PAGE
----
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Library Research Award

First Advisor

Dr. Brandon Marsh


When considering documents to compare to the Beveridge Plan, a report renowned for establishing the British Welfare State, the Wagner-Murray-Dingell Bill is unlikely to come first to mind. In fact, it is often overlooked in secondary literature. However, an overview of primary sources indicates that the two are particularly connected. With the Beveridge Plan published in 1942 and the Wagner-Murray-Dingell Bill first introduced to the American Senate in 1943, both originated from the World War II era. In their proposals, their reception, and outcomes, both serve as illustrations of the course welfare development took in their respective nations. When examined in the context of each nation’s history of welfare development each serves as a lens by which the resulting welfare systems can be compared. In their content, both proposals called for extended and nationalized social security. In both cases, universal healthcare became a topic of concentrated focus. In their reception and application (or lack thereof) the Beveridge Plan and Wagner Bill revealed the forces at play that shaped the social insurance systems of each nation. In Britain, Labour successfully led the postwar Progressive movement, building off a history of past reforms. In America, conflicting interest groups stalled attempts at reform that perpetuated its exceptionalism in the realm of welfare development.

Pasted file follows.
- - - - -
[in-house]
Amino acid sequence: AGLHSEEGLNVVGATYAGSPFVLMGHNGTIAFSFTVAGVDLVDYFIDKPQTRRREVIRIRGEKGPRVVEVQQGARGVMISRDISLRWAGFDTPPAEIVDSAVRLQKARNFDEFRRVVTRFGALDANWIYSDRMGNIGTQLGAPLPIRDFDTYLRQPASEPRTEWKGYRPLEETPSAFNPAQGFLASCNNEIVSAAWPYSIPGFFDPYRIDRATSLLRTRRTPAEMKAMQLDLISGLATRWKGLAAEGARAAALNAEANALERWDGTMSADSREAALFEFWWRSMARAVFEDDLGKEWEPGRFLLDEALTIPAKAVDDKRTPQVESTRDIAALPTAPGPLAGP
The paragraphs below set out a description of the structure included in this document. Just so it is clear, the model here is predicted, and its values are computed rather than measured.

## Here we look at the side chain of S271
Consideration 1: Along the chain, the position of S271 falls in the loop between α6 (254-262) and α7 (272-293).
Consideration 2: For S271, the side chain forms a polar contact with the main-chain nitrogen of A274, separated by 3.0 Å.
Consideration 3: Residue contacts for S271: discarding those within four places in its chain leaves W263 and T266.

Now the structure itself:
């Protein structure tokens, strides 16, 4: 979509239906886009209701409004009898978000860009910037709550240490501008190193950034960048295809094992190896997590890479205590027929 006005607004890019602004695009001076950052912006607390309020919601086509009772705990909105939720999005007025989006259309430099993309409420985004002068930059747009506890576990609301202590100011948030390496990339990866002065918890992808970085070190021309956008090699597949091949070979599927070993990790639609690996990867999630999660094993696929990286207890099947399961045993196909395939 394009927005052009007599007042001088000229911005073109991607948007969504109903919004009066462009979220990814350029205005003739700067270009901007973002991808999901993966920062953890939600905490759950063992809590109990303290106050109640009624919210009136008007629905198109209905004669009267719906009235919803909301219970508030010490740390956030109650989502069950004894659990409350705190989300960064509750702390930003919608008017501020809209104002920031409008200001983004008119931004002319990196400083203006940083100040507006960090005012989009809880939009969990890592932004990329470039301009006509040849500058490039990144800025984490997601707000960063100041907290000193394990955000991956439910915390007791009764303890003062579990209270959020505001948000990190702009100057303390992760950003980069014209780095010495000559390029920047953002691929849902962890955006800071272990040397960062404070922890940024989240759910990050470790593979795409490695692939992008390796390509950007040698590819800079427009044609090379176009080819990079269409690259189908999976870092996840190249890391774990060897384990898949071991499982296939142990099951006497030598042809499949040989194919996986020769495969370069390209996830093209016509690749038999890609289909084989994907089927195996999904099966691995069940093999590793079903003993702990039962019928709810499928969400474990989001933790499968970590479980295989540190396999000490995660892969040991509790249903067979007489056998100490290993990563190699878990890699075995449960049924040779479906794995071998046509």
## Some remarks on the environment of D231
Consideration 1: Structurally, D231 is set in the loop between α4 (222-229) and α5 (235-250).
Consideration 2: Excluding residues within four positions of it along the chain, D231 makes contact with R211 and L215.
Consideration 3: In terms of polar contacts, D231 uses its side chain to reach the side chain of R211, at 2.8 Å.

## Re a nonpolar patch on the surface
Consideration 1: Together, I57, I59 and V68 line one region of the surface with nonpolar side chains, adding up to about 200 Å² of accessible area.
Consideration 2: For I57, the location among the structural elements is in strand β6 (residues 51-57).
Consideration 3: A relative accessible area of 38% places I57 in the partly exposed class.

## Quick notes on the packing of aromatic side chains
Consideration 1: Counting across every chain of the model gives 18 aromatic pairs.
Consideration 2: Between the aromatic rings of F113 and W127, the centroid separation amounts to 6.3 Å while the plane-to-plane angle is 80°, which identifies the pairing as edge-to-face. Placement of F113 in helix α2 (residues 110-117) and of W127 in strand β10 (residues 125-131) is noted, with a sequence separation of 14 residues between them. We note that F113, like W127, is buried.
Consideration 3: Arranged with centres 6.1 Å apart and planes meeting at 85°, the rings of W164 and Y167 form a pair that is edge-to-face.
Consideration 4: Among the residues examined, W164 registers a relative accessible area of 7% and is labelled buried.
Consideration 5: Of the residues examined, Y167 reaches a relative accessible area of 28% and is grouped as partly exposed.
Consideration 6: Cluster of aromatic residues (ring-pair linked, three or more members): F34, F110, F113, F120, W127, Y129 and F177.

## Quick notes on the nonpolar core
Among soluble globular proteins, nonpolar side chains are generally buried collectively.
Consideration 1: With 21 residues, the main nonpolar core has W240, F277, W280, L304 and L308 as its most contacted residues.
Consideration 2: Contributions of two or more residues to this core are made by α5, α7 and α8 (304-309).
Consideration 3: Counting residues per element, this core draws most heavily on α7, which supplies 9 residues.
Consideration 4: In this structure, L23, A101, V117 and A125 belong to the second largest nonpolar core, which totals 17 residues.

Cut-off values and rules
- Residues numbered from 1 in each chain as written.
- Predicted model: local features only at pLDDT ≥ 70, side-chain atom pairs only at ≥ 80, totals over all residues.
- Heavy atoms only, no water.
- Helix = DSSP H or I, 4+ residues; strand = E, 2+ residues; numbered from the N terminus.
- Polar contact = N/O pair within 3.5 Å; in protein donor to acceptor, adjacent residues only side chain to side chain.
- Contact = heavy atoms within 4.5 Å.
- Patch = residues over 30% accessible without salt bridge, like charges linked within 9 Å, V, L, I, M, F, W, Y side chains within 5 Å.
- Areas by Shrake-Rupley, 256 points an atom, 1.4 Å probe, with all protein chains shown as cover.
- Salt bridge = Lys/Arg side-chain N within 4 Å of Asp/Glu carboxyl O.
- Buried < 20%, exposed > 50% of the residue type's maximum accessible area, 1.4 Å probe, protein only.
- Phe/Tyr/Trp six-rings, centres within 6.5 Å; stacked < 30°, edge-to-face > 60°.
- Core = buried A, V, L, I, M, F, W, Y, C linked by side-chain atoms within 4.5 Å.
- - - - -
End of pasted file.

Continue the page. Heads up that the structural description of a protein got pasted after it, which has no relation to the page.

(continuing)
Library Research Award 2023, First Place

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